Dunedin considering ideas to balance next year's budget

DUNEDIN — Debt reduction, employee bonuses and potential service fee changes are among ideas commissioners discussed Tuesday at the request of city staffers who are building next year's budget.

There were no final decisions made during the morning budget workshop, but staffers said they will consider commissioners' ideas along with the results of an audit expected to be completed within the next two weeks.

The city also plans to use forecasting software recently purchased for $10,000 to provide a 10-year snapshot of the potential long-term effects of budget decisions on city revenues and expenditures.

"We're going to do our best to maximize efficiencies and minimize impacts to services," said Jeffrey Yates, director of finance. "Everything is on the table when it comes to a balanced budget. A balanced budget is the highest priority."

Dunedin has an $85 million budget this year.

Staffers asked commissioners for direction on five areas: efficiencies; service reductions; potential service fee increases; the property tax rate; and how they'd like to use an estimated $6.7 million tucked in reserves.

Commissioners said it was difficult to establish priorities while they await projections on city end-of-year funding levels and anticipated funding from Tallahassee.

However, they generally agreed that cuts to unused services or service fee increases — or in some cases, decreases — might be needed.

"That takes some pressure off the taxpayers by making people who use the services pay for the services," said Vice Mayor David Carson.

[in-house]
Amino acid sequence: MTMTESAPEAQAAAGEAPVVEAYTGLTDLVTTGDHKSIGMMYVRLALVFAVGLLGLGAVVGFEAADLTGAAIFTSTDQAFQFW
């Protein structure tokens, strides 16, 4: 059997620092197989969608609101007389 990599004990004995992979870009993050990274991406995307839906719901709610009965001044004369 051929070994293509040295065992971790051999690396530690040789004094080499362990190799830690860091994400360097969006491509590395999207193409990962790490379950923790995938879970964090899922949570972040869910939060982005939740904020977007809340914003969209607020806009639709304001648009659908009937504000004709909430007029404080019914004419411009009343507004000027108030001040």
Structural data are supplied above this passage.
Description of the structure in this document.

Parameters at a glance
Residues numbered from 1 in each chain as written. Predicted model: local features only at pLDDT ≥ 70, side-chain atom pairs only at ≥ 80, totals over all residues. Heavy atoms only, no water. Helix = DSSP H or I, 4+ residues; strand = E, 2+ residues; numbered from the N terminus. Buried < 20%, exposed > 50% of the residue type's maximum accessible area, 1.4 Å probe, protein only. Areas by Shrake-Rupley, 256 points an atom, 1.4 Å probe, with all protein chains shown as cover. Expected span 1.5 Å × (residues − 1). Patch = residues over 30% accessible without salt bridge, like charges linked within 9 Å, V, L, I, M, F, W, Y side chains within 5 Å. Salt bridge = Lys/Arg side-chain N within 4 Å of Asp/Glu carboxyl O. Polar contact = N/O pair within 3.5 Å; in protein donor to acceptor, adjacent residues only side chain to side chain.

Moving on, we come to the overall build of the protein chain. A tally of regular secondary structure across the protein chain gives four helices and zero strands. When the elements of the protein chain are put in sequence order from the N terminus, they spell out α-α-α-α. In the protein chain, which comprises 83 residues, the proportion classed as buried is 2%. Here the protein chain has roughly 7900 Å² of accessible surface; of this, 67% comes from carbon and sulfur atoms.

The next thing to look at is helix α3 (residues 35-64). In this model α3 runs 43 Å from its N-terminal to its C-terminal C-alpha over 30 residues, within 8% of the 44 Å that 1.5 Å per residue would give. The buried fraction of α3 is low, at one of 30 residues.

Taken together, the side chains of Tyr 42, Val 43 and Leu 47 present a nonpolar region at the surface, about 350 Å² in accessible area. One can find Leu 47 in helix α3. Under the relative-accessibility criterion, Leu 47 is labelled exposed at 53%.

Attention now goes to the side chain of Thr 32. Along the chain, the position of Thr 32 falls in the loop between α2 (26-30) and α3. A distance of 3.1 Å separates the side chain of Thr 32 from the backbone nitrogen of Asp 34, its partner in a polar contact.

Mayor Dave Eggers and Commissioner Julie Ward Bujalski said they were opposed to property tax increases. But they promoted the idea of giving employees bonuses next year.

"It's been two years with nothing, and we're going to continue to be asking more for less and there's a morale issue to consider," Bujalski said. "One-time bonuses are one good way not to increase future costs, but it's still giving (employees) something."

Commissioners also asked city staffers to research:

• Using general fund reserves to reduce debt as well as to build or improve obsolete or deteriorating facilities

• Examine options for using or selling unused city property

• Examine the impact of potential personnel reductions on services

• Continue efforts to reduce costs by being environmentally "green."

Keyonna Summers can be reached at ksummers@sptimes.com or (727) 445-4153.

.Fast facts

In other news

Commissioners on Tuesday asked city staffers to research what effect — if any — impact fees for non-commercial developers are having on economic development.

An ordinance in place since 1975 requires that builders of new residential developments pay fees to maintain parks under a formula based on the property's market value.

Recent data shows the city has about 14 acres of parks for every 1,000 people — well above the required 6 acres per 1,000 residents — and many surrounding cities don't charge park impact fees.

Dunedin considering ideas to balance next year's budget 03/08/11 [Last modified: Tuesday, March 8, 2011 7:53pm]

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